portsbet — based in Ireland and boasting 100,000 South Australian account holders — says the money for the data facility will now be invested in Darwin that already has an established centre.
Sportsbet will also end its ongoing sponsorship of South Australia’s Gawler Racecourse following the government’s decision to proceed with the tax.
The Advertiser understands the agreement with Gawler, which was due to be renegotiated for next year, is $25,000 a year.
Sportsbet Chief Financial Officer Ben Sleep said on top of the initial investment, the data facility would have delivered millions of dollars of ongoing investment into the state annually through maintenance, servicing and enhancements, and created dozens of high skilled direct and indirect jobs in Adelaide to service the facility.
“Sportsbet cannot invest tens of millions of dollars into a state where its government has shown that it is willing to significantly move the goalposts without consultation with those most affected,” Mr Sleep said
“This decision to proceed with the 15% Punters Tax will not only cost South Australian punters, but the state will now miss out on dozens on high skilled IT jobs and millions of dollars of upfront and ongoing investment it can ill-afford to lose.”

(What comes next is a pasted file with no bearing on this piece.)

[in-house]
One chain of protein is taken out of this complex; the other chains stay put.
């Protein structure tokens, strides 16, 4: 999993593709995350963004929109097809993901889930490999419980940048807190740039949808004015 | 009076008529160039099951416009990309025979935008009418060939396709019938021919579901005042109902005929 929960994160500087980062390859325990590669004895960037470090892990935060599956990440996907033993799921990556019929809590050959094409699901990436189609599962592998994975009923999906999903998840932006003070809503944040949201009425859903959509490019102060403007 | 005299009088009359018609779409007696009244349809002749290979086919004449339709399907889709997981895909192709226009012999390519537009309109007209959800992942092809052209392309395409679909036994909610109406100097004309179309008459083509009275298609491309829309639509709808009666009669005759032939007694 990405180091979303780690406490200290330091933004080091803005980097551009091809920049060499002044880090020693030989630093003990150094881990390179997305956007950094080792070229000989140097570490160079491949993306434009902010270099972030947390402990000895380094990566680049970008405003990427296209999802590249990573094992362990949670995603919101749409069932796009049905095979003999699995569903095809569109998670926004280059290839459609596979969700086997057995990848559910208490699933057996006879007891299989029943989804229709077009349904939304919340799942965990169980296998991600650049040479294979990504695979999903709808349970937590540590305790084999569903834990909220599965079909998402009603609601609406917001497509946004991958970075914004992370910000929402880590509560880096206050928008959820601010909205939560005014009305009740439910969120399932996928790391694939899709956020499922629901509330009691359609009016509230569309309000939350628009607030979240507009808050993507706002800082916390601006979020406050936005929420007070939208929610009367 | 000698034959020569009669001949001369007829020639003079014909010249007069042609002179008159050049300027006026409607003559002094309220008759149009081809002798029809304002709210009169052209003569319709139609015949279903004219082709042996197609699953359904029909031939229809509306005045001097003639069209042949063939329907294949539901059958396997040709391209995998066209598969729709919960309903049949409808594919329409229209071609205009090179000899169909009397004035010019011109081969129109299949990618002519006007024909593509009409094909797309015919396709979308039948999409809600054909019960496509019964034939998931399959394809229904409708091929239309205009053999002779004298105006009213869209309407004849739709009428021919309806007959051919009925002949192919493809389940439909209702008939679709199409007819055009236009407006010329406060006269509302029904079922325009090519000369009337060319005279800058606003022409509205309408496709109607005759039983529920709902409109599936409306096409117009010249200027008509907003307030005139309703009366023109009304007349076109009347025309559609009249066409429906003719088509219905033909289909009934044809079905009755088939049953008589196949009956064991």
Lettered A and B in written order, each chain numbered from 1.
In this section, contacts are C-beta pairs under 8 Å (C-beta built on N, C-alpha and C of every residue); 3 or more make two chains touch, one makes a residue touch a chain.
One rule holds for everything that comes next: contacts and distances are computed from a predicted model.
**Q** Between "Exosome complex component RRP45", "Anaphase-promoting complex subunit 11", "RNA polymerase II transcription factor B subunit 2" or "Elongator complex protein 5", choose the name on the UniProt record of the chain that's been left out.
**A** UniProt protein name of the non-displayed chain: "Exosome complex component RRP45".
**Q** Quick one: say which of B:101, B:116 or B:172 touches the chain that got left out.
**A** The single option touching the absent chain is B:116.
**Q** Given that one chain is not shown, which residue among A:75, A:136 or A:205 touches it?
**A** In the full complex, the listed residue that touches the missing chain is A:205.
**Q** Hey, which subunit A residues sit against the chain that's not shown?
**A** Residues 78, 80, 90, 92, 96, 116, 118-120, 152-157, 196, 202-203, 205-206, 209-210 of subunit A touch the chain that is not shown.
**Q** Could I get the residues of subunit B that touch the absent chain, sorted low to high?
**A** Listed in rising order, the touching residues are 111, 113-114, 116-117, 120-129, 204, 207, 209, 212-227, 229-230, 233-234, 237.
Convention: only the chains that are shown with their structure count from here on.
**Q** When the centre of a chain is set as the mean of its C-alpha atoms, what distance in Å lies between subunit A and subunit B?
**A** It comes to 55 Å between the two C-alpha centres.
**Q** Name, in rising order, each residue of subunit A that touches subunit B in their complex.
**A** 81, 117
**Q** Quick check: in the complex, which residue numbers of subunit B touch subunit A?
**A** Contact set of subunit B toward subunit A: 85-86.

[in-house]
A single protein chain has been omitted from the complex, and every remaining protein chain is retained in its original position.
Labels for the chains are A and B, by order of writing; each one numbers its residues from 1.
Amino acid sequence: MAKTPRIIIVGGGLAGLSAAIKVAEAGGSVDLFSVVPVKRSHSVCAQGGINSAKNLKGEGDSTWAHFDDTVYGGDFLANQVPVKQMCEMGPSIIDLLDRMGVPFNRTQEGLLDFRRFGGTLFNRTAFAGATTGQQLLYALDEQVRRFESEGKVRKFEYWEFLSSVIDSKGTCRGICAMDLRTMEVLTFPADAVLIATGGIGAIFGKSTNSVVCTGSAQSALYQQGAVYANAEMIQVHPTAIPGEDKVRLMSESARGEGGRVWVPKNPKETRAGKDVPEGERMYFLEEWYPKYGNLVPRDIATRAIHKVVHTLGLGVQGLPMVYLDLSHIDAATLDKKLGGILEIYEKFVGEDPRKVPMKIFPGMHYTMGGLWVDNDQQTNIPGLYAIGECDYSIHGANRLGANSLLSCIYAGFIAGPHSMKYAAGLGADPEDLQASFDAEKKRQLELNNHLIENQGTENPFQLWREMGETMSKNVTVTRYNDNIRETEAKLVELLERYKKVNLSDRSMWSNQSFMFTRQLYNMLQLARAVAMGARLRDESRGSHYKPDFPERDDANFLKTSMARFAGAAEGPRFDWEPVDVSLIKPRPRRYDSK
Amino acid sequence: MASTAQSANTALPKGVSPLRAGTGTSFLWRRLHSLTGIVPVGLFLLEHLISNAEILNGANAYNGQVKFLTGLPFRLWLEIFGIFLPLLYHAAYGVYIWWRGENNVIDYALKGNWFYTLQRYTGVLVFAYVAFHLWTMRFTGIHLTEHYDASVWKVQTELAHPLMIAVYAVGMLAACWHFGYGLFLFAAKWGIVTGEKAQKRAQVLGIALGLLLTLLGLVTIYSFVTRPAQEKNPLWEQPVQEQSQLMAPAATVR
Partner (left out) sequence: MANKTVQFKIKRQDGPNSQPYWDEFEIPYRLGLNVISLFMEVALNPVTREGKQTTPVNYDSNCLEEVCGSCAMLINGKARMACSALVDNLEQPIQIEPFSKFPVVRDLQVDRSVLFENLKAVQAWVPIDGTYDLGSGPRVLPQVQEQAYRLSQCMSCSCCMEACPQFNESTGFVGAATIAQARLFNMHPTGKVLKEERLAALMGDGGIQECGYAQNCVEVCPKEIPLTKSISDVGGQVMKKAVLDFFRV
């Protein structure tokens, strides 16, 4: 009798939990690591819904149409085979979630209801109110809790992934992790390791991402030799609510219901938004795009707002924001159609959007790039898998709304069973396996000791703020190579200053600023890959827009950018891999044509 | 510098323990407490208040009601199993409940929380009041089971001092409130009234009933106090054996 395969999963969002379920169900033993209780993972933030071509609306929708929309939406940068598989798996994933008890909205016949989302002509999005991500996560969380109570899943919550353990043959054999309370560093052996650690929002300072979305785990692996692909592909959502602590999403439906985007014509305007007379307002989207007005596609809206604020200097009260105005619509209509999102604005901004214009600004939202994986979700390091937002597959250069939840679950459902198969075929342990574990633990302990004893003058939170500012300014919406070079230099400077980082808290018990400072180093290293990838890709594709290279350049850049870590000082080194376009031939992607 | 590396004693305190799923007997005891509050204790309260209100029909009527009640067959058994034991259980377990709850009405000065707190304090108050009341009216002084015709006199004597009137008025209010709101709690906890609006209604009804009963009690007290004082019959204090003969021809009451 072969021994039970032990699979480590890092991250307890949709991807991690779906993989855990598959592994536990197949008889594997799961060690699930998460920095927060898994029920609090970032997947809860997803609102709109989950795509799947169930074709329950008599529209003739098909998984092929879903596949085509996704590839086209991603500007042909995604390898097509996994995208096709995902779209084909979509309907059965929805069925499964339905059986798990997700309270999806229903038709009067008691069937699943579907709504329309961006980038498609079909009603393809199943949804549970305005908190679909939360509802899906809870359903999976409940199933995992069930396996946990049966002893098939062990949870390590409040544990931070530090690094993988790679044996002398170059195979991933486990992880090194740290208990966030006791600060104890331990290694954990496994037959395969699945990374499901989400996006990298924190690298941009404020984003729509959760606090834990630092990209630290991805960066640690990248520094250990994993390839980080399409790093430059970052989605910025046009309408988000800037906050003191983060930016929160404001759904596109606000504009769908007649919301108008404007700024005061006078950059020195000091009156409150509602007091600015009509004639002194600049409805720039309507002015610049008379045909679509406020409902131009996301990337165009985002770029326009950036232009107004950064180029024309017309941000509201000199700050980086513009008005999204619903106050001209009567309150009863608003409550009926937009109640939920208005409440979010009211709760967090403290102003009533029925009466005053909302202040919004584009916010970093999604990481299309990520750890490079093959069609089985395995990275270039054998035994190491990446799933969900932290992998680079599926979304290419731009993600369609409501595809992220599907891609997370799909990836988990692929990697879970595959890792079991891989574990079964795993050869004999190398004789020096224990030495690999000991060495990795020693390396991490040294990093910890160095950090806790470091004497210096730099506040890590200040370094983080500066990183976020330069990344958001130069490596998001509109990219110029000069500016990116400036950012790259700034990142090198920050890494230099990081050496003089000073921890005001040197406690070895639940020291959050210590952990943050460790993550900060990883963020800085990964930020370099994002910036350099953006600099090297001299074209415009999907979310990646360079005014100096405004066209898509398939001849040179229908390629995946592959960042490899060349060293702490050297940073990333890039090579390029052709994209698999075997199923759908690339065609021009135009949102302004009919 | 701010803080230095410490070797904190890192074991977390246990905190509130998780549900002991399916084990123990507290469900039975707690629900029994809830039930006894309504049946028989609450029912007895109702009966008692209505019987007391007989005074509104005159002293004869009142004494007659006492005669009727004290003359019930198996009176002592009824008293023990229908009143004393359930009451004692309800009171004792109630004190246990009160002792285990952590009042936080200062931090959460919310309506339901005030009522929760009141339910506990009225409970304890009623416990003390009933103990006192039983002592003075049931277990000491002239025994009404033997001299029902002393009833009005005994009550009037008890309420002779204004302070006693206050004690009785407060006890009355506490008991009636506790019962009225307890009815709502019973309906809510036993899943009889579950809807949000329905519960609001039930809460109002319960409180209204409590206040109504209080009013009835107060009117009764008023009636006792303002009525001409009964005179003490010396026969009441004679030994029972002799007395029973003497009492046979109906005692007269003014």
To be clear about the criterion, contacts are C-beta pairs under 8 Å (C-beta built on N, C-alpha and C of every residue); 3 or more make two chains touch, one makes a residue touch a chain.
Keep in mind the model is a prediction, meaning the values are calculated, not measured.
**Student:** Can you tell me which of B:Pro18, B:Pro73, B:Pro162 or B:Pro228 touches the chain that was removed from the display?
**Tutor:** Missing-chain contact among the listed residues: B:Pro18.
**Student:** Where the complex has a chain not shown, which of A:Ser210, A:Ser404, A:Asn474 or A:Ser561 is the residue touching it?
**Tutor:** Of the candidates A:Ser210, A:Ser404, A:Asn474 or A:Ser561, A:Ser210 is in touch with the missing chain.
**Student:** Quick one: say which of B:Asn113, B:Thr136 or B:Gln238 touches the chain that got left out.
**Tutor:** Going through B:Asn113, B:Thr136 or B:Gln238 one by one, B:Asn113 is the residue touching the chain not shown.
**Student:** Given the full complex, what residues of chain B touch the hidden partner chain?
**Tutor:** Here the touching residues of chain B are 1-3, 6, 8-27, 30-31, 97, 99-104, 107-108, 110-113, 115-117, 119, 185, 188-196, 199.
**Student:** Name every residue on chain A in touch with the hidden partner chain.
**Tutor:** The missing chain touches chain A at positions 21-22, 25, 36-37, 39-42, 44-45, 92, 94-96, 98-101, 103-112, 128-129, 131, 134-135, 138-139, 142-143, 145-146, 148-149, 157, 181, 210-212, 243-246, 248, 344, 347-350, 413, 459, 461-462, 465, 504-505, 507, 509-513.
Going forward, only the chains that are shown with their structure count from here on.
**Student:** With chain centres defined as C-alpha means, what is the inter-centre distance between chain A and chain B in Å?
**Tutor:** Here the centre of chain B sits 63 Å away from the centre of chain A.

Acting Treasurer John Rau confirmed Sportsbet had previously floated the concept of a “cloud-based server” being located in South Australia as a backup for their NT operations.
“It is strange that they propose to consolidate in what they have described as a risky jurisdiction,” Mr Rau said.
“This government believes that if betting companies are making profits from South Australian punters they should be paying tax in South Australia, like other South Australian companies do. “Sportsbet made a record $117 million from Australian punters last year.”
Mr Sleep said Sportsbet had also regrettably decided to end its ongoing sponsorship of the Gawler Racecourse, with the business instead looking to move its support to Victoria, where it has existing relationships in place with Ballarat, Benalla, Echuca and Kyneton racetracks.
Mr Sleep said many thousands of Sportsbet customers had written to their local MPs voicing concern about the introduction of the tax, with many more registering their support through social media.
SA’s July budget included a 15 per cent tax on the net wagering revenue of all online betting services - from horse and greyhound racing to AFL and political wagers.
The move, applying only to companies or individuals earning more than $150,000 and offering services in SA, is set to raise more than $9 million annually.